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The beautiful thing about building an industrial cart is there are no rules. They come in all shapes and sizes. We started by arranging the wood and building the frame. Just for fun, we built two.

Our carts are made of cypress. The boards had been sitting in a lumber yard for some time. The weather had gotten to them, and they were no longer able to be sold. Some of the boards had begun to rot, others were warped - all things that created the character we were looking for.


The boards we used were in rough shape, which is great for character but not so great for practical use. We used a rasp and hand plane to smooth out some of the areas that were severely splintered. Since we planned to use the finished product as a coffee table, we also had to smooth out sections of the top to create a more level surface


If you're not sure which color to use, it's always a good idea to create sample boards. It's important to use the same type of wood you're using for your project. And don't forget to create some end-grain samples. The end grain soaks up more stain and will appear darker than stain applied with the grain.


Once the carts had a coat of stain, we proceeded to stencil the sides. We tried different colors on sample boards before settling on red. It was important to us that the carts have a rustic, industrial look to them. For that reason, we used a sponge to apply the paint, which resulted in the letters being spotty (as opposed to completely solid). When they were dry, we did some light sanding, creating an aged look.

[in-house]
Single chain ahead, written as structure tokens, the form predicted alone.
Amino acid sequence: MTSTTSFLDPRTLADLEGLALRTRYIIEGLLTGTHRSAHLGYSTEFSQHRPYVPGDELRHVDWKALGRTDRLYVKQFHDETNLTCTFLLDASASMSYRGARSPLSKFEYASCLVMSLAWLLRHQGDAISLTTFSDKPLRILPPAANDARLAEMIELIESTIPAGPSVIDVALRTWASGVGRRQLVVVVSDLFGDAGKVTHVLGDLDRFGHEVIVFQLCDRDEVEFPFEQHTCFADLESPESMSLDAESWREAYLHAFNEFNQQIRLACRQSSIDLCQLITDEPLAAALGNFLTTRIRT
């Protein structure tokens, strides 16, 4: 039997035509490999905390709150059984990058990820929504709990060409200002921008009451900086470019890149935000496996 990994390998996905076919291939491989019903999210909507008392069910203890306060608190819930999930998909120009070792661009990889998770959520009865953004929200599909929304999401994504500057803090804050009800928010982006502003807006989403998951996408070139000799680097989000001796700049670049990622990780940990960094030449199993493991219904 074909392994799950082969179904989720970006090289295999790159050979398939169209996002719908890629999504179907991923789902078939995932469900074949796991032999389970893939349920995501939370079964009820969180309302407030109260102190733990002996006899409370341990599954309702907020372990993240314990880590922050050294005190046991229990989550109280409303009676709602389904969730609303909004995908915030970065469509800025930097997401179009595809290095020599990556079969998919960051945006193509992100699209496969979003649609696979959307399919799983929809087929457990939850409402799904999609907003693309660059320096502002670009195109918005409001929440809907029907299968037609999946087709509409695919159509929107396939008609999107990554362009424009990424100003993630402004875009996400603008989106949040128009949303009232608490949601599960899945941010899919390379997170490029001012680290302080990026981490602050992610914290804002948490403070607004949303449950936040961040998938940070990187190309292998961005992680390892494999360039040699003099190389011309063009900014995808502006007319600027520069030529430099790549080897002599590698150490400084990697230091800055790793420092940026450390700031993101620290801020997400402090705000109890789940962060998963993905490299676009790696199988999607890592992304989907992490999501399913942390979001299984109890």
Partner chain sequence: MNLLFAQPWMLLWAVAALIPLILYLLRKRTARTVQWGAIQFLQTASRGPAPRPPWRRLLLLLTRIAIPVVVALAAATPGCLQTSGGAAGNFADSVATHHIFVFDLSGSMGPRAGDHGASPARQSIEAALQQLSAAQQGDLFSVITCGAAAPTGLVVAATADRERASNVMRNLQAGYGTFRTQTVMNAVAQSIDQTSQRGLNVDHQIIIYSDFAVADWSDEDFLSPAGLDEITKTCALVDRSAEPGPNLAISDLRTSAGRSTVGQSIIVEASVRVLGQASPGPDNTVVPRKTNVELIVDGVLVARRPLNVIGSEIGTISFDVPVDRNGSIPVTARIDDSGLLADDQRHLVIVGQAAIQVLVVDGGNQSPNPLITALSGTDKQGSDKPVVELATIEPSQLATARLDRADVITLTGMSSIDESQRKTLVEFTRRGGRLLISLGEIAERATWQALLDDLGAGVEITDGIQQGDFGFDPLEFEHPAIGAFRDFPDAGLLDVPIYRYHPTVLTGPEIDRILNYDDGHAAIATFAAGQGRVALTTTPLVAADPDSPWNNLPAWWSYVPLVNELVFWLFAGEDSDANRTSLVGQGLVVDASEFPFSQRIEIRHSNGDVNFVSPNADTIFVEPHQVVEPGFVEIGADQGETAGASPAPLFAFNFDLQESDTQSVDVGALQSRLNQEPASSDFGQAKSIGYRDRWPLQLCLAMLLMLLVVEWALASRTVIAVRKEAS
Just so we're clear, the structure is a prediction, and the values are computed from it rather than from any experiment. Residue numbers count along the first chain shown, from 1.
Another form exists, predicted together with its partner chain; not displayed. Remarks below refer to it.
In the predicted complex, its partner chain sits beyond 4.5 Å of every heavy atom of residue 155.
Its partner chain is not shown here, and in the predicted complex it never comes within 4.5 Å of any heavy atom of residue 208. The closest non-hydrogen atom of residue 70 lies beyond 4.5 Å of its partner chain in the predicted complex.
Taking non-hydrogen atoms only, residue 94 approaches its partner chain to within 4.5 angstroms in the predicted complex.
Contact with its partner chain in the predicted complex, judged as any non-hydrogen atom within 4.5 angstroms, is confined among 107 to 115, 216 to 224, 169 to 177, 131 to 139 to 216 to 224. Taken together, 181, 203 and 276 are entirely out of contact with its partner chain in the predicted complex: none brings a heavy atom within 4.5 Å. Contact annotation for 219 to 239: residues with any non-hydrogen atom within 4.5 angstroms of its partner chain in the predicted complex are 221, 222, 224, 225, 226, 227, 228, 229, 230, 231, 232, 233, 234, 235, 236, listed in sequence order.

Here, Ron affixes metal strapping to the top of one cart. Again, the beauty of building an industrial cart is that you can embellish it any way you want. We considered a number of options before deciding on the straps. They're used to band steel product and had been discarded as trash. He affixed them with ten-penny nails and used a sheet-metal crimper to bend them around the ends.


Poly! Poly! Poly! If you don't know by now, we're huge fans of polyurethane - especially when it comes to finishing furniture. We left a lot of texture on the wood. For that reason, the poly served two purposes. First, multiple coats created a smoothness to the surface while allowing us to retain a rustic look. Second, polyurethane helps seal the wood, preventing moisture from getting in and causing additional rot. The carts got five coats each. To create a smooth finish, we hand-rubbed the surface with super-fine steel wool after the final coat.


The finished product. It's worth noting that one of the reasons we put off building these carts was the wheels. We wanted to use wheels that were more period-appropriate but just couldn't find what we were looking for. We settled on wheels from the hardware store. Needless to say, we're still on the lookout for the perfect wheels, and when we find them . . . look out!

Update:Two years later, in 2012, we found the wheels. Click here to check them out!

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